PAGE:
• Grapefruit Cornmeal Cake from Food & Wine. "This actually reflects a really big trend we saw, which is this real focus on citrus flavors and tropical fruit flavors, which again is really not something that is typical for the Thanksgiving table," says Patton. "It is this really dense cake that is really brightened by the flavors of grapefruit and then you pour over a sugar poppyseed glaze. It really reminded me of the flavors of a lemon poppyseed muffin."

And the duds:

  • Tex-Mex Green Bean Casserole from the Food Network. "It's more cheese than green beans, it's covered with homemade Dorito topping that you bake, it is a cheese bomb," says Dunn.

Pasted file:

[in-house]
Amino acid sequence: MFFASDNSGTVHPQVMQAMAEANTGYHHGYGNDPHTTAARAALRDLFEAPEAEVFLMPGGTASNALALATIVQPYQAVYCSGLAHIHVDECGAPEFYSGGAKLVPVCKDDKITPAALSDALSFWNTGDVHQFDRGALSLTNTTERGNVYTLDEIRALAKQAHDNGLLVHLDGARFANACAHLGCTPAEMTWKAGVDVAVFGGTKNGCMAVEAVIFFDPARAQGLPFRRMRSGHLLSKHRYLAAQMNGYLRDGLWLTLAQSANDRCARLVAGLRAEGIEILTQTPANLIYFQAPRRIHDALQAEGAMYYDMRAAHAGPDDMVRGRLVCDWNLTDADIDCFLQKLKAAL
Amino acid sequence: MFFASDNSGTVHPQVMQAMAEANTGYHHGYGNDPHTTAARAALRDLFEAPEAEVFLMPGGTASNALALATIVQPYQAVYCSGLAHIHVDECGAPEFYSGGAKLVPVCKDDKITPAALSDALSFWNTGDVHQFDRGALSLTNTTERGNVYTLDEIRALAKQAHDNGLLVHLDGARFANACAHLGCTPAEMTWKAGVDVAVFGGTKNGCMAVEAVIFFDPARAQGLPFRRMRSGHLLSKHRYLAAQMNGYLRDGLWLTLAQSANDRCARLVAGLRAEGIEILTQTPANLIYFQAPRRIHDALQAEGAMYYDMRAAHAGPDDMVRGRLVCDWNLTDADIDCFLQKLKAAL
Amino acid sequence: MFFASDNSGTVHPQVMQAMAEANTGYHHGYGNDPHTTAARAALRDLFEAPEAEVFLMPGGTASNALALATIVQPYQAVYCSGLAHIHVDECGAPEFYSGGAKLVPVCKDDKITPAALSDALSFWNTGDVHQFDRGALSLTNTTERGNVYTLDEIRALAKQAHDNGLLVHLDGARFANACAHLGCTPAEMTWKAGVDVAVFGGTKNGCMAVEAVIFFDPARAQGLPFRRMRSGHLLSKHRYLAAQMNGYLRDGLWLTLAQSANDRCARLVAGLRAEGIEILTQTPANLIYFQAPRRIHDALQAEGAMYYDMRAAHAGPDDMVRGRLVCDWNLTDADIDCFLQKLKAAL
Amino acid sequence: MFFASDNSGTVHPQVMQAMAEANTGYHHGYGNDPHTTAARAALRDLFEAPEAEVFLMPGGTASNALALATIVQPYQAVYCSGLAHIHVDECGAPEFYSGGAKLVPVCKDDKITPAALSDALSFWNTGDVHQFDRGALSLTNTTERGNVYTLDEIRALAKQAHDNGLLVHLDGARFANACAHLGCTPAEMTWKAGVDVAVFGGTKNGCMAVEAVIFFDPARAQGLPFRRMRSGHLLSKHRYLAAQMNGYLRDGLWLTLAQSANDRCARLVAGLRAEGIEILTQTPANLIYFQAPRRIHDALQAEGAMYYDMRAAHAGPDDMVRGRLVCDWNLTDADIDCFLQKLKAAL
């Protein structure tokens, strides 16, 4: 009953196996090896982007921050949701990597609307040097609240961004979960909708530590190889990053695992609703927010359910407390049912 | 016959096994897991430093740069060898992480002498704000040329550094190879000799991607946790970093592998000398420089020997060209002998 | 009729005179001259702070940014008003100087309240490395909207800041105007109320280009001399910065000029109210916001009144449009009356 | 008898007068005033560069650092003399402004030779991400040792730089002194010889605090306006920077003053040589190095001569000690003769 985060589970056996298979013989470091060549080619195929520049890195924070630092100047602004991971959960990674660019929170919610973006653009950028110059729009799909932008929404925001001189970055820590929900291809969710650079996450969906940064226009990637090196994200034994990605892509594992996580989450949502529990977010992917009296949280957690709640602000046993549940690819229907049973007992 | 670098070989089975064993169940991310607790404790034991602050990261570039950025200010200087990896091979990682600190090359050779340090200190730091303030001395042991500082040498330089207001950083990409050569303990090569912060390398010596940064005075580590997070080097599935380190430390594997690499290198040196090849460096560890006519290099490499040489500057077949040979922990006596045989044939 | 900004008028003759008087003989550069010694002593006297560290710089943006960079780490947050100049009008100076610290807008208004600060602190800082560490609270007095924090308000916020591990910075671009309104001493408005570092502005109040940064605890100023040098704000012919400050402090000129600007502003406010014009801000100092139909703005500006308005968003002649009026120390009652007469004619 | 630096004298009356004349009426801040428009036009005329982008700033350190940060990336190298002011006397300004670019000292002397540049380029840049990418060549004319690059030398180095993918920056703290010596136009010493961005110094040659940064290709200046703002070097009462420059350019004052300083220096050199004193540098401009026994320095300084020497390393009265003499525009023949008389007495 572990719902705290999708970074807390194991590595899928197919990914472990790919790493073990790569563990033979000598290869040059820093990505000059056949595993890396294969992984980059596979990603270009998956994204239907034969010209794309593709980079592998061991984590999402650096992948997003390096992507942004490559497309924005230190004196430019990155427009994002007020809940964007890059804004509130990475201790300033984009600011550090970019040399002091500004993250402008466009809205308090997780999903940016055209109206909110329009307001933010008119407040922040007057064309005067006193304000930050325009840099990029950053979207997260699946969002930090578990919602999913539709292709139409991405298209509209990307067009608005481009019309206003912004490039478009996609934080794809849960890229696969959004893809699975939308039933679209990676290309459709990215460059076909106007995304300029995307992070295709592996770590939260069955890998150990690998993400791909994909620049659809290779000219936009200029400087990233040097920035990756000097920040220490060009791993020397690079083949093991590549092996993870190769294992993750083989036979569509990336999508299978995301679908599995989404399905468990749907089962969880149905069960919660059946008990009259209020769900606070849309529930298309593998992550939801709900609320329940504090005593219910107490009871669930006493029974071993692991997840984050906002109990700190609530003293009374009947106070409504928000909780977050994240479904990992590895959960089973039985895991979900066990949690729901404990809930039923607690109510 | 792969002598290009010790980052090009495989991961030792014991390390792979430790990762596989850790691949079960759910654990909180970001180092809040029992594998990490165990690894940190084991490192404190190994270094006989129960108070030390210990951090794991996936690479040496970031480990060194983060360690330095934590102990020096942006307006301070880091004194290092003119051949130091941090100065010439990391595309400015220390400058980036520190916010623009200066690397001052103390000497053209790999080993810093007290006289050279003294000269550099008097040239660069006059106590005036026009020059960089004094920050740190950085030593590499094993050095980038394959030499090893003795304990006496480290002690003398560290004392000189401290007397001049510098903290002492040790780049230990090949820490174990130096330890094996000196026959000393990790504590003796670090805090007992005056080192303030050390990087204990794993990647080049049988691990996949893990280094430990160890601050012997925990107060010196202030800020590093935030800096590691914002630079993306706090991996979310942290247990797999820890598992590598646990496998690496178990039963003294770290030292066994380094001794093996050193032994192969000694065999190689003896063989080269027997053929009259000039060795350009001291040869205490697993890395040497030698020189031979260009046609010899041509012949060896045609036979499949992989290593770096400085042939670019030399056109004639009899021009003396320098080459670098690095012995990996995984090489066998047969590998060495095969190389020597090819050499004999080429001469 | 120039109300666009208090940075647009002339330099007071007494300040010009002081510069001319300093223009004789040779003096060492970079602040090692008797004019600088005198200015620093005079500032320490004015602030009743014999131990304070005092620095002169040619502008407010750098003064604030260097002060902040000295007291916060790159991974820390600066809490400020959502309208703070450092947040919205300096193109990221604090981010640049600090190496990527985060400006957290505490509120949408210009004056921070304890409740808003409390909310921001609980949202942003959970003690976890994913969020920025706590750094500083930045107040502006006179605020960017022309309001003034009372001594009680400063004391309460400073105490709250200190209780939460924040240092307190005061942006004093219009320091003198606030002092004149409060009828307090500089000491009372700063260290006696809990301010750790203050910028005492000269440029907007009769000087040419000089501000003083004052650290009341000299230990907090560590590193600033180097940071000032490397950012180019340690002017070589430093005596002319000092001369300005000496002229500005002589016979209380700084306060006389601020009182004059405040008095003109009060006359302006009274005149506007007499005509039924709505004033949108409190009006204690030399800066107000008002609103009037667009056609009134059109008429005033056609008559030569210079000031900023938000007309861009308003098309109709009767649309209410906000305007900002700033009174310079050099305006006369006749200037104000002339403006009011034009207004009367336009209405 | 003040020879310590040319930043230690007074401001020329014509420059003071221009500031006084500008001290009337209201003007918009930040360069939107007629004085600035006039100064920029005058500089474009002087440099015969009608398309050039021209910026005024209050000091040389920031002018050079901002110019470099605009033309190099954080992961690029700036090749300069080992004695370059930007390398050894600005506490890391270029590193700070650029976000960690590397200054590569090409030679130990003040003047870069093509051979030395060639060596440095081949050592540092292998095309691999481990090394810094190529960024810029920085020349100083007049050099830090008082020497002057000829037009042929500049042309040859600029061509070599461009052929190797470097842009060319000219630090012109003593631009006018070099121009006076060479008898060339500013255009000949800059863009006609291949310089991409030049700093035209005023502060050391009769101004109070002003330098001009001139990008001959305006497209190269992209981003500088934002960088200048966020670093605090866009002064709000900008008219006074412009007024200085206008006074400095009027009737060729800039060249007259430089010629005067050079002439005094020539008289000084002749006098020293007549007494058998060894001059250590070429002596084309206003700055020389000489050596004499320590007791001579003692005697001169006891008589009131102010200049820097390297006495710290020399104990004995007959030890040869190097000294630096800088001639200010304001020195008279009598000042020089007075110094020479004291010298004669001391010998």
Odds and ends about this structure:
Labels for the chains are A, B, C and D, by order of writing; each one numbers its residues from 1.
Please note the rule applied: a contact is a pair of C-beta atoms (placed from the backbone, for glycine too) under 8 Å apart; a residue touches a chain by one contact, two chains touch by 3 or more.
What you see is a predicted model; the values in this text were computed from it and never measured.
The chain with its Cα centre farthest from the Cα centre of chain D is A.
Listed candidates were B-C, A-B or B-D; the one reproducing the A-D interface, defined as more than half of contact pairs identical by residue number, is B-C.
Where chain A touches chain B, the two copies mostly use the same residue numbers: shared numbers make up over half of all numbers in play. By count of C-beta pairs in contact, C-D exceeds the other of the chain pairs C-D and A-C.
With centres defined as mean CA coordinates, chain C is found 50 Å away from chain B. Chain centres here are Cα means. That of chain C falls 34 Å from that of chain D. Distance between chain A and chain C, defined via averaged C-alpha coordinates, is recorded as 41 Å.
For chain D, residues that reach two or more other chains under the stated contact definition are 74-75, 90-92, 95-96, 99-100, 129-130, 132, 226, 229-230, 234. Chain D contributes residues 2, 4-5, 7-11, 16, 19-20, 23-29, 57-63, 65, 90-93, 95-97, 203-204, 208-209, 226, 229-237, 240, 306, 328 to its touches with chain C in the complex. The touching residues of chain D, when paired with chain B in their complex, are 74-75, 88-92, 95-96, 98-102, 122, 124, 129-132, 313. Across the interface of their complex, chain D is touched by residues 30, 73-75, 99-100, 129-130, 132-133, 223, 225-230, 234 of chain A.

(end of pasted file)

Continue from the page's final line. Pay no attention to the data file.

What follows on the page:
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Transcript

ARI SHAPIRO, HOST:

All right, folks, break out the cutting board, turn on the stove and pulse that food processor like you mean it. Yes, Thanksgiving prep is just around the corner. For those of you who like to try new recipes but maybe you don't know where to start, let Clay Dunn and Zach Patton be your guides.

ZACH PATTON: Hey, Clay?

CLAY DUNN: Yeah?

PATTON: Where are the mashed potatoes from - what magazine?

DUNN: They're from Cooking Light.

SHAPIRO: They're the couple behind the food blog The Bitten Word, and every year, well in advance of the holiday, Patton and Dunn scan America's food magazines. They identify recipe trends and try some out for a pseudo Thanksgiving meal with friends. They call it Fakesgiving. This year, my co-host, Audie Cornish, was a guest - strictly for reporting purposes, of course. A few days later, she invited Zach Patton and Clay Dunn into the studio to talk turkey and side dishes.